One noteworthy sidebar to the Jason Thompson story in the paper product today, left out because it was off the topic of the competition Thompson faced in the mid-major Metro Atlantic Athletic Conference:
Siena coach Fran McCaffery played Thompson and the Rider Broncs at least twice a season each of the last three seasons in the MAAC, more if the teams met in the conference tournament, and scouted them countless times. Siena also played Stanford once last season (a 79-67 home victory over the Cardinal, ranked No. 20 at the time) and once the season before (a 92-72 loss to the Cardinal on the Farm). Stanford had Brook Lopez and Robin Lopez, both, like Thompson, big men and future top-15 picks.
And McCaffery says Thompson is the best of the three.
The disclaimer: Brook Lopez did not play either time, once because of injury and once because of academic suspension. But McCaffery watched a lot of Stanford both times for scouting purposes, so he has more than a casual knowledge of Brook's game. McCaffery is also a former Notre Dame assistant, not some relative newcomer working his way up the coaching chain, so he understands the skill level of players at prominent programs, not just the mid-majors. Plus, McCaffery has an economics degree from Penn's prestigious Wharton School. He's got smarts.
It's a particularly valuable evaluation because so few college coaches will have faced Stanford, a West Coast school from a power conference, and Rider, an East Coast school tucked in the relative anonymity of the MAAC. And Stanford is, however strangely, a perfect debate point because Thompson and the Lopez twins are bigs who may face off in the NBA and because when the draft came in June, Brook went No. 10 to the Nets, Thompson went No. 12 to the Kings and Robin went No. 15 to the Suns. It's a fair comparison.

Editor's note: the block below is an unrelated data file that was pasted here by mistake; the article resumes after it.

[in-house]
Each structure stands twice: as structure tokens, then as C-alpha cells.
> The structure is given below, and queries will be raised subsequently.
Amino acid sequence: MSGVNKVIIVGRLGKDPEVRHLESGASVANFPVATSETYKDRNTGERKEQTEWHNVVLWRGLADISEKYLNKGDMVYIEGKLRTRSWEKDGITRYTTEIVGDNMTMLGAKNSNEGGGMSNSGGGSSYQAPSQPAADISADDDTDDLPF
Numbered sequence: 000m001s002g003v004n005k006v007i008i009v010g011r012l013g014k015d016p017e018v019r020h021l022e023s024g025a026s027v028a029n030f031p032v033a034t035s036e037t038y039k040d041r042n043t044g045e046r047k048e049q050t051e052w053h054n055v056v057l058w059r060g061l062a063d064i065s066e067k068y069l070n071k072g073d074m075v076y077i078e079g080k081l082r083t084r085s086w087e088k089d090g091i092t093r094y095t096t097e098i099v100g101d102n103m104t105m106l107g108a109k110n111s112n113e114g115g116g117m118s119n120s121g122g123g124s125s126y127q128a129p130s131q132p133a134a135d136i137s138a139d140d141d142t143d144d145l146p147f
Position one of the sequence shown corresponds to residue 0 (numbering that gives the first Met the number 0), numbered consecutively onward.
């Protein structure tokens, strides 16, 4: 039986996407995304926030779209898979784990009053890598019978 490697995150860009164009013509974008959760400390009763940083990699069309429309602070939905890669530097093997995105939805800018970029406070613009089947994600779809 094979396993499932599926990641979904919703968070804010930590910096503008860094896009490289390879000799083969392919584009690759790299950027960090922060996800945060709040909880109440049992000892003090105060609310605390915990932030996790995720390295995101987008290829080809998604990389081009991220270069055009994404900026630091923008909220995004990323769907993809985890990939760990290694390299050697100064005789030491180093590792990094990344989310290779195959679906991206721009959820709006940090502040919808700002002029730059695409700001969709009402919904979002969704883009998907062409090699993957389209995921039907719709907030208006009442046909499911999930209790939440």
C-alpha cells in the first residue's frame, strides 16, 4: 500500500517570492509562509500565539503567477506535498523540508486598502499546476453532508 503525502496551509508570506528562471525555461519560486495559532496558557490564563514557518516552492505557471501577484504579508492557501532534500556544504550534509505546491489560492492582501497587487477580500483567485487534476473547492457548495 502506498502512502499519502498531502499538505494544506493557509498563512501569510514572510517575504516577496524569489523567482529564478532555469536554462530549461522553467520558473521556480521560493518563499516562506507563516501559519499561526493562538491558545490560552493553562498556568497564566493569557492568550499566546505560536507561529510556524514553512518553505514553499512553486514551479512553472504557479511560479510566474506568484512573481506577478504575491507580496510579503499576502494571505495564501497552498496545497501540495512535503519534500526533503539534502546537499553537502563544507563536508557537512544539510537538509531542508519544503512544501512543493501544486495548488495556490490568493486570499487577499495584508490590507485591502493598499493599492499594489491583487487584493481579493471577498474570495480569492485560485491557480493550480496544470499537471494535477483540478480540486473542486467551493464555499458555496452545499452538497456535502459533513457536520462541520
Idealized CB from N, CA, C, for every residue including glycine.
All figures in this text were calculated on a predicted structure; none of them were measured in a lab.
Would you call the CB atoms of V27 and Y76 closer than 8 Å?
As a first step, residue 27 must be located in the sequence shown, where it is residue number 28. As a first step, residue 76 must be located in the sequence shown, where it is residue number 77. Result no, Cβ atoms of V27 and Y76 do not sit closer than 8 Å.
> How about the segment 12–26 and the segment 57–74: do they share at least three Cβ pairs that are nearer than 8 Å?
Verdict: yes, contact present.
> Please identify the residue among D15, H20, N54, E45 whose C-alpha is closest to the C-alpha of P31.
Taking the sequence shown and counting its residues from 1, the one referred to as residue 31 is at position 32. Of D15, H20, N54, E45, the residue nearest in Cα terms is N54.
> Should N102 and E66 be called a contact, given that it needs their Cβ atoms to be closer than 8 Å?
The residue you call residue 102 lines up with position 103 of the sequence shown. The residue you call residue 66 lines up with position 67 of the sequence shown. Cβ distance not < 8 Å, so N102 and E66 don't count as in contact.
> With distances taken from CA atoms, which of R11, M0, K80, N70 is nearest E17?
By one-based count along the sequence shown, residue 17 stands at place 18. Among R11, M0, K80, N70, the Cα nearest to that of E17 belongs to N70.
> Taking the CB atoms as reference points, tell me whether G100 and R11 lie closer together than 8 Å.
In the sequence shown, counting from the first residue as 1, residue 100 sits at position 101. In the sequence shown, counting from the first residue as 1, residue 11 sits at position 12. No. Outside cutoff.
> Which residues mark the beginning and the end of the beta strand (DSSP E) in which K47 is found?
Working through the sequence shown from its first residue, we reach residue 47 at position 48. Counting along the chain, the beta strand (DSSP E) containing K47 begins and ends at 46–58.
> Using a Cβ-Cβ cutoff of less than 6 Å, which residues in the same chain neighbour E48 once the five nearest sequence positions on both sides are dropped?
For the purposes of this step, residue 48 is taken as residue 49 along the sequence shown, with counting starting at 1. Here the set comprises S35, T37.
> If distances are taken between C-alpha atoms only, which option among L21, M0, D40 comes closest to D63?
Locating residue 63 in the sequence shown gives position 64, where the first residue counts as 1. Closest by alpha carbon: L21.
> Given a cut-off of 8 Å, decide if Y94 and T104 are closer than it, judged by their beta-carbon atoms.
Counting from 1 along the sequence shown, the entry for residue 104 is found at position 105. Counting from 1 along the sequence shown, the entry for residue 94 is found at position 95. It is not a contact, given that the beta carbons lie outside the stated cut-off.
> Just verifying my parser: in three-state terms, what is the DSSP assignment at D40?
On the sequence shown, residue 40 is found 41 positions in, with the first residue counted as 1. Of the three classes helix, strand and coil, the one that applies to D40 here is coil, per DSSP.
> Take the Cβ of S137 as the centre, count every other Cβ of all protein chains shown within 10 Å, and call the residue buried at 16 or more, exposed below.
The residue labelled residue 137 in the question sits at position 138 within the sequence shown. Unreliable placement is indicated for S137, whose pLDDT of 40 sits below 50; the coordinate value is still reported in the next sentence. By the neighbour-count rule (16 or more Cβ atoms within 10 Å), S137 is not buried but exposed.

"If you ask me who I'd rather have, I'd take Jason Thompson over either of them," McCaffery said.
Thompson at 12 was already destined to play out as one of the intriguing picks of 2008, given the way front-office opinions swerved so wildly about him. Some thought it was a fair spot for a big that moves so well, can play multiple positions and can enhance an offense. Others graded it a reach by the Kings, that Thompson projects as a role player without a great chance for the kind of high return a lottery pick should deliver. Still others say he belonged in top-10 conversations, and, indeed, the Bobcats had him under consideration at No. 9 before going point guard with D.J. Augustin.
One more McCaffery: "I honestly believe this: In a couple years, people are going to say, 'That was a great pick. That was a great draft pick.' "
We're all set up for a straight-forward analysis when that time comes. Brook Lopez at 10, Thompson at 12, Anthony Randolph to the Warriors at 14, Robin Lopez at 15 is perfect grouping that will allow for a comparison of bigs drafted in close proximity. Their games are different -- strangely, even the Lopez twins have great differences -- but this will be worth tracking.